stick one's neck out, to(redirected from to stick one's neck out)
stick one's neck out (for someone or something)
Fig. to take a risk. Why should I stick my neck out to do something for her? What's she ever done for me? He made a risky investment. He stuck his neck out for the deal because he thought he could make some big money.
McGraw-Hill Dictionary of American Idioms and Phrasal Verbs. © 2002 by The McGraw-Hill Companies, Inc.
stick one's neck out
Make oneself vulnerable, take a risk, as in I'm going to stick my neck out and ask for a raise. This expression probably alludes to a chicken extending its neck before being slaughtered. [Colloquial; early 1900s]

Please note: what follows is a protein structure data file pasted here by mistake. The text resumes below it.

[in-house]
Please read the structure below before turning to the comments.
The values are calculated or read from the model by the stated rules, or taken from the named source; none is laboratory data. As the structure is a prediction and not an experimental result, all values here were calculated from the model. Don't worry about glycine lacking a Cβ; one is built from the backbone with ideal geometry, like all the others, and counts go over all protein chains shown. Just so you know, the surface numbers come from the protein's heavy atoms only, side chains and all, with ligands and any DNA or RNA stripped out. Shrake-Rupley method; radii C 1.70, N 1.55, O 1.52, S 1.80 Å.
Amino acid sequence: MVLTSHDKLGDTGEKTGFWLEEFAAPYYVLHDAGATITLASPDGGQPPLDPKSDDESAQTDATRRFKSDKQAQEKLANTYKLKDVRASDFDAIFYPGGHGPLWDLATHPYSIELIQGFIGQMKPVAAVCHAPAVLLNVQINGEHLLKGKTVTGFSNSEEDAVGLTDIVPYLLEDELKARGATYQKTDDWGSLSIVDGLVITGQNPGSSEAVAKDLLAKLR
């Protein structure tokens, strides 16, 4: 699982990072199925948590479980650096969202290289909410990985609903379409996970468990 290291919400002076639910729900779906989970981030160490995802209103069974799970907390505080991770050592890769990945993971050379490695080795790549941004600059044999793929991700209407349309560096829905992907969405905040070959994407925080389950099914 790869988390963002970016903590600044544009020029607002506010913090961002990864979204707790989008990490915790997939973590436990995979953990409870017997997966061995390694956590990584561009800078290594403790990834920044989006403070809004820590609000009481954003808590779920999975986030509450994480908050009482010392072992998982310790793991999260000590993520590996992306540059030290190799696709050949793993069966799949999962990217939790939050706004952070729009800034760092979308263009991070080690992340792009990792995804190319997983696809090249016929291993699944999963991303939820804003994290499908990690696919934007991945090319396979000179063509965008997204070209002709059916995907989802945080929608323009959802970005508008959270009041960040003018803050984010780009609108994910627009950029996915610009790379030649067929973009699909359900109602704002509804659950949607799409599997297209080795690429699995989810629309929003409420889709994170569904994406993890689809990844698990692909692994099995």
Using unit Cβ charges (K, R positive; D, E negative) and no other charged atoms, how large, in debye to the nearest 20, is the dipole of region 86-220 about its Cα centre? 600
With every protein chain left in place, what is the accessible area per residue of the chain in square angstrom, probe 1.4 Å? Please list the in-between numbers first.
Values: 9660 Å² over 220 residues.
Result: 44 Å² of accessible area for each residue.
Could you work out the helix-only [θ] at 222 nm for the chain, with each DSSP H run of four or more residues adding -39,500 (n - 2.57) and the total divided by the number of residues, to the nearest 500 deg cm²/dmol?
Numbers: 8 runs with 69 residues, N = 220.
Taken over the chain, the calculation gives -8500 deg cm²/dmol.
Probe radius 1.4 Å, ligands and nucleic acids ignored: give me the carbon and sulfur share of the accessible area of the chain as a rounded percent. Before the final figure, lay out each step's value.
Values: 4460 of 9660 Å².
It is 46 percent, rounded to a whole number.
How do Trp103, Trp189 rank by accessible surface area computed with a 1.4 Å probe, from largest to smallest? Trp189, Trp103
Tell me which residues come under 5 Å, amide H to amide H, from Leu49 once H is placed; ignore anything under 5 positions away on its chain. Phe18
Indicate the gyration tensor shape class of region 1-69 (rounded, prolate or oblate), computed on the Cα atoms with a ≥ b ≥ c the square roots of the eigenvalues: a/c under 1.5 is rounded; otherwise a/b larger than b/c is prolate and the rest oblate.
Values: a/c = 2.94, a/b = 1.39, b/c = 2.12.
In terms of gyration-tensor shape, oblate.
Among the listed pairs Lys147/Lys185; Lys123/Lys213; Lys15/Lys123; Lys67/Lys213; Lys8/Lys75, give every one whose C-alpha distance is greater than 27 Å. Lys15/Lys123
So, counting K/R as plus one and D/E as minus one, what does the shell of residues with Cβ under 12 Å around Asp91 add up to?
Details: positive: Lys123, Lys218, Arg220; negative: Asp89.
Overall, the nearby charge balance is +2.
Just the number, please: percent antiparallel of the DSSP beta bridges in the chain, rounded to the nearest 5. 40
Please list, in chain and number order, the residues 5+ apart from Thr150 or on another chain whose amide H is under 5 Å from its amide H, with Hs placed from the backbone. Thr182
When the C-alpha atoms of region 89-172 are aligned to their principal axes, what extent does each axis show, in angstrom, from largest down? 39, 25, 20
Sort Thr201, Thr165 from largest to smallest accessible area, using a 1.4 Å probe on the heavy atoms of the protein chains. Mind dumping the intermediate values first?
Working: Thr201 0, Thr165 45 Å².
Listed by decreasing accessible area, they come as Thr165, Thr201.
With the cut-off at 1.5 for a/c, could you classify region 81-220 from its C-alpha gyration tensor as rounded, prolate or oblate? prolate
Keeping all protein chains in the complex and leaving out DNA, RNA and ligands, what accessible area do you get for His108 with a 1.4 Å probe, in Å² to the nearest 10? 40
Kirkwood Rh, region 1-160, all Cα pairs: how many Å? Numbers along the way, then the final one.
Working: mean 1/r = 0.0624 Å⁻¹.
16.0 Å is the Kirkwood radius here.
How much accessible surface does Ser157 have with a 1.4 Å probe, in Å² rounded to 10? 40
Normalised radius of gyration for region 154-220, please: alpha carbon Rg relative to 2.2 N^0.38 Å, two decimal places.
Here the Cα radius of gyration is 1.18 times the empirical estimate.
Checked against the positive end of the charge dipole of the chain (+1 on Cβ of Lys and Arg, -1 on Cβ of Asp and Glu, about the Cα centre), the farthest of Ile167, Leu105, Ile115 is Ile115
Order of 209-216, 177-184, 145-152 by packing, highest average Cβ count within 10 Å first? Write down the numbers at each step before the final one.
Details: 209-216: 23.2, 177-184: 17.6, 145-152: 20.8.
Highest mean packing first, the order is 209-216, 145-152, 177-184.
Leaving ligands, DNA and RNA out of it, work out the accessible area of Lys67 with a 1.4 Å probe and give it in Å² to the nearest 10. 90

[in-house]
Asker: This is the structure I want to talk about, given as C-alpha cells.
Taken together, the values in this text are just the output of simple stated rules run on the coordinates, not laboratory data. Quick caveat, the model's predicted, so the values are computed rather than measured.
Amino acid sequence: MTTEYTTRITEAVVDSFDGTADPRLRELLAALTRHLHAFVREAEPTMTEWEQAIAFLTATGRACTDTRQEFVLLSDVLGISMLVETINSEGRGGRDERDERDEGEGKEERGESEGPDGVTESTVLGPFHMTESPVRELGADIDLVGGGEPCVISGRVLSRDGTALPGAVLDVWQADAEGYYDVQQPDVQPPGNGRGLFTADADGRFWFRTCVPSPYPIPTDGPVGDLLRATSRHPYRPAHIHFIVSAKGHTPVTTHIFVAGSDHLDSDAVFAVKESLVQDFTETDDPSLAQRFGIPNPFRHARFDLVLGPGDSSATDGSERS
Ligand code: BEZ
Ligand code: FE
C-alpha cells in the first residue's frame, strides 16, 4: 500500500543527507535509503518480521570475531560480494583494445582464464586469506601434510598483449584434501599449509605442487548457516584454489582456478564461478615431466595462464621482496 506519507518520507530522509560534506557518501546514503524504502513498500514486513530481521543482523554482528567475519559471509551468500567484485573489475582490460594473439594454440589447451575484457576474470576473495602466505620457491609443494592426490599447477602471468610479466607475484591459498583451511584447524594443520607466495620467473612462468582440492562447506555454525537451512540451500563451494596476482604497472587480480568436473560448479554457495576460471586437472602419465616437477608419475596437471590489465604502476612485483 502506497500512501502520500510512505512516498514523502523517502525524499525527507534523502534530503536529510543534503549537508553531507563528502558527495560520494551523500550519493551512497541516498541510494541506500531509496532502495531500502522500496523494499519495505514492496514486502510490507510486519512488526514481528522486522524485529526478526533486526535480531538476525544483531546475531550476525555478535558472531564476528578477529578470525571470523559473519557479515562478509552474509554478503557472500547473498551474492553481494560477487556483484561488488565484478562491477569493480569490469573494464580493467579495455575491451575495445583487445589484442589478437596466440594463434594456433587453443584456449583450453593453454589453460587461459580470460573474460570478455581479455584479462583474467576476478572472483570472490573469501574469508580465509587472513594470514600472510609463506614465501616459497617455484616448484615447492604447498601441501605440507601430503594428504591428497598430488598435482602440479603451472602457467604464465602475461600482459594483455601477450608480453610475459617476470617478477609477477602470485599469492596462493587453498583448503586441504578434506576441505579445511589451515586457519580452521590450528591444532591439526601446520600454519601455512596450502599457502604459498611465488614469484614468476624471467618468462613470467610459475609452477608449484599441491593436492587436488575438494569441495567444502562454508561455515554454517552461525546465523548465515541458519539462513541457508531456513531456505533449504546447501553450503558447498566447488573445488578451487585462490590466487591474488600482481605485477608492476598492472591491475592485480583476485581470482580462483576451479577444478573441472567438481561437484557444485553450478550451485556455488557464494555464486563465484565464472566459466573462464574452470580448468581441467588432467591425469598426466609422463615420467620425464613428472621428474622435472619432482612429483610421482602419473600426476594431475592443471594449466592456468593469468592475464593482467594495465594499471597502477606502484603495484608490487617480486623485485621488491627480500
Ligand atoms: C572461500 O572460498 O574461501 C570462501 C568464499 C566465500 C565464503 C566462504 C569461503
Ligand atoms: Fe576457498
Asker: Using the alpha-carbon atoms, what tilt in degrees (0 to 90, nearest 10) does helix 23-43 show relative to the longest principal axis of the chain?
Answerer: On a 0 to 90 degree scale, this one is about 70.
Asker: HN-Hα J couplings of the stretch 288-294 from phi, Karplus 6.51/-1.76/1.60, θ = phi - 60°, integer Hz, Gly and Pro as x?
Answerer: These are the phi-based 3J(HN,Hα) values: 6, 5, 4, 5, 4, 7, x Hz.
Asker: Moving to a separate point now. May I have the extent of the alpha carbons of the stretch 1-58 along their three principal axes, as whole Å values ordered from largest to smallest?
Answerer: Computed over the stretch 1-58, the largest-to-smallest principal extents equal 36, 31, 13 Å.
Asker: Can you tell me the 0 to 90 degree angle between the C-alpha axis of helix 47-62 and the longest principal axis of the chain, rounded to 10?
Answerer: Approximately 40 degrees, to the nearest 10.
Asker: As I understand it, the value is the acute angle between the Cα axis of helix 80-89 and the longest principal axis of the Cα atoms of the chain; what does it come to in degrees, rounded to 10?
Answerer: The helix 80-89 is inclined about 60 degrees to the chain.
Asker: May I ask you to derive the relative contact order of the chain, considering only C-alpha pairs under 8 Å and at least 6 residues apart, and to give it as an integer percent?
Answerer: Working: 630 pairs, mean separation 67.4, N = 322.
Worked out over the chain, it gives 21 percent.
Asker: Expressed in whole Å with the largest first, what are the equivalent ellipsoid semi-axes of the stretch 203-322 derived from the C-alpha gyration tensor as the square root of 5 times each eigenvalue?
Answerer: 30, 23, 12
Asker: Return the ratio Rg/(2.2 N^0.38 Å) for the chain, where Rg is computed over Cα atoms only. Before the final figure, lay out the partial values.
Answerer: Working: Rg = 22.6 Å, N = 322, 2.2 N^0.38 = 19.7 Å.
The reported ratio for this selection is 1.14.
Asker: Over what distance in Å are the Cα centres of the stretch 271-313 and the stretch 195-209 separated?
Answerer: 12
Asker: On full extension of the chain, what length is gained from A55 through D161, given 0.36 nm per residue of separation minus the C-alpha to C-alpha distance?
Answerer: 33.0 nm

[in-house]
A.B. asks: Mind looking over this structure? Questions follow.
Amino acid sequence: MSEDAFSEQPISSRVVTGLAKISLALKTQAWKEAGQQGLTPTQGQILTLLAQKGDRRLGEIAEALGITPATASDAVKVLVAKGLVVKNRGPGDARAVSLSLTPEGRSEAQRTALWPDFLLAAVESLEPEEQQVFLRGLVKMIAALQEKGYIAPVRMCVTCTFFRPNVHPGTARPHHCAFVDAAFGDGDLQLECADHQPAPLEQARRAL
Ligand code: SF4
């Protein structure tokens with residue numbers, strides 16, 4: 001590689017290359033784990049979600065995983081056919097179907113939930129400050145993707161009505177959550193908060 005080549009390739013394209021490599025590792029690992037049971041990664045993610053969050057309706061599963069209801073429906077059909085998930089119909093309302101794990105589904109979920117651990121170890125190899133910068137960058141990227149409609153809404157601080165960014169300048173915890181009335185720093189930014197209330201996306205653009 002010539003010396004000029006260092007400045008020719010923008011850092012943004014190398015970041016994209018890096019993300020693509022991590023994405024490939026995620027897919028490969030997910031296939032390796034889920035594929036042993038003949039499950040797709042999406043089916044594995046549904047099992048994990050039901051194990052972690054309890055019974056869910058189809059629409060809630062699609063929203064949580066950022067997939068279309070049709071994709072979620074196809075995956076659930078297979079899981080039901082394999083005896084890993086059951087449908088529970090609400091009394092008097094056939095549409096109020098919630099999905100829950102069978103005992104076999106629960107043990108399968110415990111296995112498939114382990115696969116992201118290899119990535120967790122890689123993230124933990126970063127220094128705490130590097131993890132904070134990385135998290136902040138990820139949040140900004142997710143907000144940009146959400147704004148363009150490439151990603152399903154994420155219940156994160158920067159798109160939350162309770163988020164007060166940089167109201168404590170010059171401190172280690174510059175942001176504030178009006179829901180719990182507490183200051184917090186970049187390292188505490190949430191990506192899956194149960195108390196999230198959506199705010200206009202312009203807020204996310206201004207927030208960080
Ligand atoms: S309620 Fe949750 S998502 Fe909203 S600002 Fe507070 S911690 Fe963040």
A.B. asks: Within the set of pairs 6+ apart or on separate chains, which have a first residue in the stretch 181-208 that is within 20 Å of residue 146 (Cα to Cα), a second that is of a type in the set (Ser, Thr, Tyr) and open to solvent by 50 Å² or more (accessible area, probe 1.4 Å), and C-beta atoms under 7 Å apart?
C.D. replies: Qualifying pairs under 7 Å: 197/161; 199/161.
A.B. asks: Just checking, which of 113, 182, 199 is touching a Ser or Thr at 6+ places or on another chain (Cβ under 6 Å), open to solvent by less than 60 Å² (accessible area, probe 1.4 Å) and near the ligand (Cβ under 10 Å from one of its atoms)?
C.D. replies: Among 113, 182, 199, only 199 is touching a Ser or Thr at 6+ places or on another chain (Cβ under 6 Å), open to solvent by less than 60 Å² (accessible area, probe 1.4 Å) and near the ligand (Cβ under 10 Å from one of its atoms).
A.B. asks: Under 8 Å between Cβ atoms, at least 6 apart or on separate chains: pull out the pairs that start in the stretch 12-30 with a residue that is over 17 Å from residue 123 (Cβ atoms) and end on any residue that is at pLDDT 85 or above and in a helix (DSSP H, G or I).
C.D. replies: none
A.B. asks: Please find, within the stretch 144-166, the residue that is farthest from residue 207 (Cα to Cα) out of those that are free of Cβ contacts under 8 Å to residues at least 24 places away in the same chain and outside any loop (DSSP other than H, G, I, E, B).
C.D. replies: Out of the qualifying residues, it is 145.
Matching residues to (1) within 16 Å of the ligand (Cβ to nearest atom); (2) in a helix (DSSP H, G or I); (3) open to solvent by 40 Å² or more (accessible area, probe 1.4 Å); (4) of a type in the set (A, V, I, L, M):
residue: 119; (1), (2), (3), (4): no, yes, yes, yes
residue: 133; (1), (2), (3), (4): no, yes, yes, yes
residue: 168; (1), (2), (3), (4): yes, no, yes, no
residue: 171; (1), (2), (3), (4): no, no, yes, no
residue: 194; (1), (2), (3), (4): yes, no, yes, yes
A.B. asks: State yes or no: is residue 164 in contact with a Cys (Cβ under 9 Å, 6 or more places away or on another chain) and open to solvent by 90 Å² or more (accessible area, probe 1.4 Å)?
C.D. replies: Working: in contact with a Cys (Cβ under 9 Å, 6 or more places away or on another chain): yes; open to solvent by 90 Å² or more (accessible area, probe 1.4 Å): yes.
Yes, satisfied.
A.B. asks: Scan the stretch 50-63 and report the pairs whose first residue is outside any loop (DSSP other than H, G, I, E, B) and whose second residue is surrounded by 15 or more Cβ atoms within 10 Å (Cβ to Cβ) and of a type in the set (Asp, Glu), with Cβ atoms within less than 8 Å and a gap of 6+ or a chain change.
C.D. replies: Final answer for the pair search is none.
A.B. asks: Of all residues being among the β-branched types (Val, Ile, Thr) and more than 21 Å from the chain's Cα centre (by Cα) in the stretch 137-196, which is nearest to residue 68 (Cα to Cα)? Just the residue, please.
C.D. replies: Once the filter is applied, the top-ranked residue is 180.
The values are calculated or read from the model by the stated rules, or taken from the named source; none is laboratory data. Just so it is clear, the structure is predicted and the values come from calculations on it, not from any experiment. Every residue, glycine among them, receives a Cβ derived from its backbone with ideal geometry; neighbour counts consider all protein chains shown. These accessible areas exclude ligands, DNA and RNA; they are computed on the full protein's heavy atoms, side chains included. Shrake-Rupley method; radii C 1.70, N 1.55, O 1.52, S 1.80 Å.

The American Heritage® Dictionary of Idioms by Christine Ammer. Copyright © 2003, 1997 by The Christine Ammer 1992 Trust. Published by Houghton Mifflin Harcourt Publishing Company. All rights reserved.
stick (one's) neck outInformal
To make oneself vulnerable; take a risk.
American Heritage® Dictionary of the English Language, Fifth Edition. Copyright © 2016 by Houghton Mifflin Harcourt Publishing Company. Published by Houghton Mifflin Harcourt Publishing Company. All rights reserved.
stick one's neck out, to
To take a bold risk; to ask for trouble. This early twentieth-century Americanism most likely comes from the barnyard, where a chicken extends its neck in preparation for slaughter (by decapitation). Raymond Chandler used it in The Black Mask (1936): “You sure stick your neck out all the time.”
The Dictionary of Clichés by Christine Ammer Copyright © 2013 by Christine Ammer